Primark powers ahead, UK, US, Italy buoyant despite higher import costs
Value retail giant Primark is going from strength to strength we learned Thursday morning as parent company Associated British Foods issued an upbeat trading update. The fashion chain is performing “particularly well” in the UK and is also benefitting from the currency shifts that have seen the pound getting weakening since the EU referendum vote a year ago.
Primark was actually the star performer in ABF’s diversified portfolio of businesses with its currency-neutral sales 13% ahead, driven both by the new stores the company is opening globally and by those all-important comparable sales rising. Those new or expanded stores accounted for 13% more selling space in the period and the company said that at actual exchange rates, sales are 21% ahead year-to-date.
The past 16 weeks seem to have seen a sales acceleration with that 13% currency-neutral rise in the 40-week period moving up to a 15% increase in the last few months. But it stays at a 21% rise at actual exchange rates following a slight strengthening of the pound in recent months compared to its share plunge a year ago.
That improved performance in Q3 is good news for the firm, especially as it came at a time when many others in UK retail were struggling. The company said that Primark’s trading was particularly strong in the lead up to Easter and benefitted from comparisons with its performance year that had been dented by poor weather and an earlier Easter holiday.
Overall, the second half so far is turning out to be better than the first half and year-to-date sales in Britain are 9% ahead, with the firm continuing to increase its share of the total clothing market.
However, it wasn’t all good news. The pound’s fall may have boosted turnover but it also increased the cost of goods that Primark had to buy-in from abroad. The first half operating profit margin of 10% declined from 11.7% in last year’s H1, reflecting the strength of the US dollar on input costs.
And the company has already said that the full effect of sterling weakness against the US dollar would have a greater impact on the margin in H2 because currency hedges maturing in that period would be at less advantageous rates. But primark has been working hard to counter this and said the full-year and H2 margin decline should be in line with the first half due to lower markdowns.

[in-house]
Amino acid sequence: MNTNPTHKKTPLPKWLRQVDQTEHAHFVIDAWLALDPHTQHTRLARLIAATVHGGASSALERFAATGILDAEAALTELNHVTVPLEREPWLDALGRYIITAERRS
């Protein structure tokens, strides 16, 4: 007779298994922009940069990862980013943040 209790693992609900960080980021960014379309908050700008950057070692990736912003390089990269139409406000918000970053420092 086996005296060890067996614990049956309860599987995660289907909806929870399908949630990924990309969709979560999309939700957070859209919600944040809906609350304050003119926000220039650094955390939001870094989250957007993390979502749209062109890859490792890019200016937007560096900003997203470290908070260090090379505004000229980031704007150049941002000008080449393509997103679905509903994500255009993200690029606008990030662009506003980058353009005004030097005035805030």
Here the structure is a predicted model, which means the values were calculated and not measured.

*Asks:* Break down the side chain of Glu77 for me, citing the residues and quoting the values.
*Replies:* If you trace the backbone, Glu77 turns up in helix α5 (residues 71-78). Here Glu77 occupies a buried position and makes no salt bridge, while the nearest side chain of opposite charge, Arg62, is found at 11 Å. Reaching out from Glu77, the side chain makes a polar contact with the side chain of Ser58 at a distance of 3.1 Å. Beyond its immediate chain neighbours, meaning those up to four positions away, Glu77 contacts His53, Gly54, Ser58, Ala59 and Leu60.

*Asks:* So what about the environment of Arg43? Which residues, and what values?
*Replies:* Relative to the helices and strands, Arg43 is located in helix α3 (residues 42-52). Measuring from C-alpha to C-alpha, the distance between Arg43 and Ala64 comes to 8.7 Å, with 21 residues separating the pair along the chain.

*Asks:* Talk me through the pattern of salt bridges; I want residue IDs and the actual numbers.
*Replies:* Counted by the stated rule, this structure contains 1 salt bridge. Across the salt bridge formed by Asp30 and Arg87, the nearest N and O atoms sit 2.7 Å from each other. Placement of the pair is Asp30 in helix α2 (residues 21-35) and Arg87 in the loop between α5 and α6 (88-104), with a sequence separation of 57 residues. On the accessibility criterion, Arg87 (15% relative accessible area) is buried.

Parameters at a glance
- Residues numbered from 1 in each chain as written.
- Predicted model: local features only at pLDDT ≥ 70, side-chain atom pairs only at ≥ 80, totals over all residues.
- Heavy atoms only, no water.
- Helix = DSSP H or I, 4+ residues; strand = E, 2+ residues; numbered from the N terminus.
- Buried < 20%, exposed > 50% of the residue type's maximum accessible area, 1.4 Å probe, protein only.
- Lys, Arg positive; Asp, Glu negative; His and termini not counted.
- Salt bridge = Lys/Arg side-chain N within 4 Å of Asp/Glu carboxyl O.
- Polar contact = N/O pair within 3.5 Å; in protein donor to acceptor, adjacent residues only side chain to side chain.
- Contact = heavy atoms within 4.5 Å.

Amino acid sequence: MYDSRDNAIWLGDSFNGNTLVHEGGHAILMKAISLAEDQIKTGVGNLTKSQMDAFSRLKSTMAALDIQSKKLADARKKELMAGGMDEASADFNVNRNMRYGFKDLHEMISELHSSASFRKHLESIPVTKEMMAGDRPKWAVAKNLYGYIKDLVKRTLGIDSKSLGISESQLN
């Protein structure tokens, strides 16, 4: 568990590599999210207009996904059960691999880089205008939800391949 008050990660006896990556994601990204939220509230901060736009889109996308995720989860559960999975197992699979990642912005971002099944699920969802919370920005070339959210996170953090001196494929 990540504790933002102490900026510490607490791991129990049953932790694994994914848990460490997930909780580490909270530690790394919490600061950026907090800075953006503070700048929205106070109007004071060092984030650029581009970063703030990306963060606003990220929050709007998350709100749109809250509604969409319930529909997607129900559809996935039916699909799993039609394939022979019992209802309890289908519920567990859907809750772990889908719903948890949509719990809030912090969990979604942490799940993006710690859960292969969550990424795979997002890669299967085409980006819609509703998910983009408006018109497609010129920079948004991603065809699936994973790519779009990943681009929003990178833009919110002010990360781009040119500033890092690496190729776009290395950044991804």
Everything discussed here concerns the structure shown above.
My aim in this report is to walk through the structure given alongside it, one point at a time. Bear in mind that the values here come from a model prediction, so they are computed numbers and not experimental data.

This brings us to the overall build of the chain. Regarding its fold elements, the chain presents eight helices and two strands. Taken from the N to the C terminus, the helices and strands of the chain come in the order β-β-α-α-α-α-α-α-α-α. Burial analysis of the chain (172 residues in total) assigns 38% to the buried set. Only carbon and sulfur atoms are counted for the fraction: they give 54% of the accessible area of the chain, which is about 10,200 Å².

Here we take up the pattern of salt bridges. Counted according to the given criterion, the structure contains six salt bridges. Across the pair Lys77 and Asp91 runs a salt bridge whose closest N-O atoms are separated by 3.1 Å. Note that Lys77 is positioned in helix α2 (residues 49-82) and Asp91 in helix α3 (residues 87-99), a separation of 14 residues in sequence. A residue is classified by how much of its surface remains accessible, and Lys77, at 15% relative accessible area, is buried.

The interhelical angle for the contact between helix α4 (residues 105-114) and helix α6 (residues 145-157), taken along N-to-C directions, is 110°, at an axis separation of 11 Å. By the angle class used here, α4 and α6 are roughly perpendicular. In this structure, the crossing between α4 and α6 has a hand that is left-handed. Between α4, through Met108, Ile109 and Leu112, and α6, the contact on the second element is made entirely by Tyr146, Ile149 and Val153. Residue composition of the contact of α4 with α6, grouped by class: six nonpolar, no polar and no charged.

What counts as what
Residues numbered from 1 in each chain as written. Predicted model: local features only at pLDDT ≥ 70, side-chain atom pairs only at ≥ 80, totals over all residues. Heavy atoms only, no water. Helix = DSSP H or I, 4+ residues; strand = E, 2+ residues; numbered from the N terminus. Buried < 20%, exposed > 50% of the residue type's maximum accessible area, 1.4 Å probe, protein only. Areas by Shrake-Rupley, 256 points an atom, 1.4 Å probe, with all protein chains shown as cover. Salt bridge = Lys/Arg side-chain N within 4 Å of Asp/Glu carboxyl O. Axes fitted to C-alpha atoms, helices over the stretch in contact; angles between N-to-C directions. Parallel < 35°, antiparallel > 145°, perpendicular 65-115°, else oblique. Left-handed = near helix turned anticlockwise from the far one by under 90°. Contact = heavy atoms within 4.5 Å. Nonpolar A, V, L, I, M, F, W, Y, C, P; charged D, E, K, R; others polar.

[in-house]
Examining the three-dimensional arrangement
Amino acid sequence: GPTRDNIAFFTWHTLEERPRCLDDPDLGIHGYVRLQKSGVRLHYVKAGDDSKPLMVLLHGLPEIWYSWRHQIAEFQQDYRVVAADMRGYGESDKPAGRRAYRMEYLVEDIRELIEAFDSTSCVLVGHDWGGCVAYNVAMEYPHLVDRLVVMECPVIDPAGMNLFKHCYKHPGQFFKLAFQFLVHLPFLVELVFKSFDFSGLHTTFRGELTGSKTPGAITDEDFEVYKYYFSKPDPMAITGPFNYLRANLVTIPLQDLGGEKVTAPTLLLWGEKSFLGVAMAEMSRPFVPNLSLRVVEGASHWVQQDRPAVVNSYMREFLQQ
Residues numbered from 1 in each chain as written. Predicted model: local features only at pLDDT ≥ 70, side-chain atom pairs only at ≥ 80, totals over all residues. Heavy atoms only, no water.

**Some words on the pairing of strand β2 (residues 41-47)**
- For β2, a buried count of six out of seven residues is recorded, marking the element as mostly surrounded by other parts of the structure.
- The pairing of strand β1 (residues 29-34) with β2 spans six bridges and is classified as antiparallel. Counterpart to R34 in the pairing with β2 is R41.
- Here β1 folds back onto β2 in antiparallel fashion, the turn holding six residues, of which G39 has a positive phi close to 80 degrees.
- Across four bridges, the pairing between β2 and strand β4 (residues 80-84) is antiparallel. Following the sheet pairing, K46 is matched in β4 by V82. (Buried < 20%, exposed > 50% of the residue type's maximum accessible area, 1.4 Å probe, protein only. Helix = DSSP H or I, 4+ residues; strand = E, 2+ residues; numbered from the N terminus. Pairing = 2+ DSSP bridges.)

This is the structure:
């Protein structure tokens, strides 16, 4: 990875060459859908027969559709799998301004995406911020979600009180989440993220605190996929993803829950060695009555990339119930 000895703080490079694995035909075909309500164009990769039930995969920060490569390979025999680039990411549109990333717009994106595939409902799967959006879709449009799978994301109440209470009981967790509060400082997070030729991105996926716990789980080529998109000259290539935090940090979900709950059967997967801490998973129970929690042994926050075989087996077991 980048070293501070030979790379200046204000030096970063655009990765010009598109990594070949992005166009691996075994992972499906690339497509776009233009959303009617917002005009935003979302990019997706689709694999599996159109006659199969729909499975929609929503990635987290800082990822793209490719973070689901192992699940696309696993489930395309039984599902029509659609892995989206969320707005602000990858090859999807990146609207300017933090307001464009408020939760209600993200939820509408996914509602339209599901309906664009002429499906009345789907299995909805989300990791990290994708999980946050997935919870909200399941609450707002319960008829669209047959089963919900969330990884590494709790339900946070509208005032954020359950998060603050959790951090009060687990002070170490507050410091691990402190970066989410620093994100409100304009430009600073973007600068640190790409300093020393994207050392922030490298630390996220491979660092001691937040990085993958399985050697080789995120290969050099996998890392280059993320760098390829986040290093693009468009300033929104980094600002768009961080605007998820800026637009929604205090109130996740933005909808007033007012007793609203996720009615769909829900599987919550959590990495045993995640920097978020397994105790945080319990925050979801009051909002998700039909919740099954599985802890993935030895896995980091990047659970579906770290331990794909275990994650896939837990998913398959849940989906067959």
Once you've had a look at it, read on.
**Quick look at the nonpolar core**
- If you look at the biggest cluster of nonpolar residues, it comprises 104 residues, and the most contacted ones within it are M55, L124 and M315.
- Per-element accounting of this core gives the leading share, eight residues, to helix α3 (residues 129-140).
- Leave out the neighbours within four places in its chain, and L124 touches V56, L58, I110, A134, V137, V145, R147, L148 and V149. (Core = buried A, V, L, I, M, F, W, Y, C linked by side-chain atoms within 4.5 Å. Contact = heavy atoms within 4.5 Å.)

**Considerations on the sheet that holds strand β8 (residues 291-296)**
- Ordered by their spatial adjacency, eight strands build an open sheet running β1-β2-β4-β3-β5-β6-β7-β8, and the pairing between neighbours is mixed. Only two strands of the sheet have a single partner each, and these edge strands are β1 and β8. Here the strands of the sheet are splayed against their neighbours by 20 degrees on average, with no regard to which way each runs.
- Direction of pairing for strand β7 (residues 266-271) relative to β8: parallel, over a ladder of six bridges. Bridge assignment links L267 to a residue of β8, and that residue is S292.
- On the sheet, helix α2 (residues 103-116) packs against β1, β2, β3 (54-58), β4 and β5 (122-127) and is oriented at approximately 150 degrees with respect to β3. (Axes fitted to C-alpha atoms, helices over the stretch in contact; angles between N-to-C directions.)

Primark has continued to open stores fast and has added 1.3 million sq ft of selling space since the beginning of the financial year. As of June 24, it had 339 stores trading from 13.6 million sq ft of sales space. It opened 10 locations in Q3 alone, including two in the UK, Spain, Netherlands and US plus one each in Belgium and Italy.
“Early trading from these new stores, particularly those in Florence and the US, has been good,” it said. The company also extended the Downtown Crossing store in Boston, US, taking its selling space to 92,000 sq ft. It plans to add a further 0.2 million sq ft of selling space by the end of this financial year. That will see four new stores in Britain and its fourth Italian store opening in Verona.
Charlotte Pearce, a retail analyst at GlobalData said Primark appears to be on a roll: “Though retailers such as New Look and Matalan are forecast to lose share of the clothing market in 2017, Primark’s market share is set to increase by 0.2 ppts to 6.6%, retaining its position as number three in the clothing market.”
She said its focus on value for money and quality “remains important, particularly for cash-strapped shoppers as their budgets become even more squeezed.”
But she said that as it grows, the retailer must be careful to manage cannibalising sales in existing stores with its new openings and should turn its attention to improving the in-store experience in existing stores.
“Investing in technology such as RFID tags and self-scanners would bring Primark up-to-date with other retailers, and it needs to close the disparate gap its flagship stores, such as Tottenham Court Road, have with its other stores, in which the experience is wholly different,” she added.
She also thinks that it needs to keep a careful eye on the competition, not just in fashion. She said: “As competitor H&M is expanding its homewares range and River Island is set to launch a homewares range soon, Primark must ensure it does not lose appeal among shoppers as its own ranges can be skewed heavily towards the tween market and it could easily widen its appeal. Further investment in trend-led items both in homewares and its clothing ranges will be key to maintaining Primark’s performance.”
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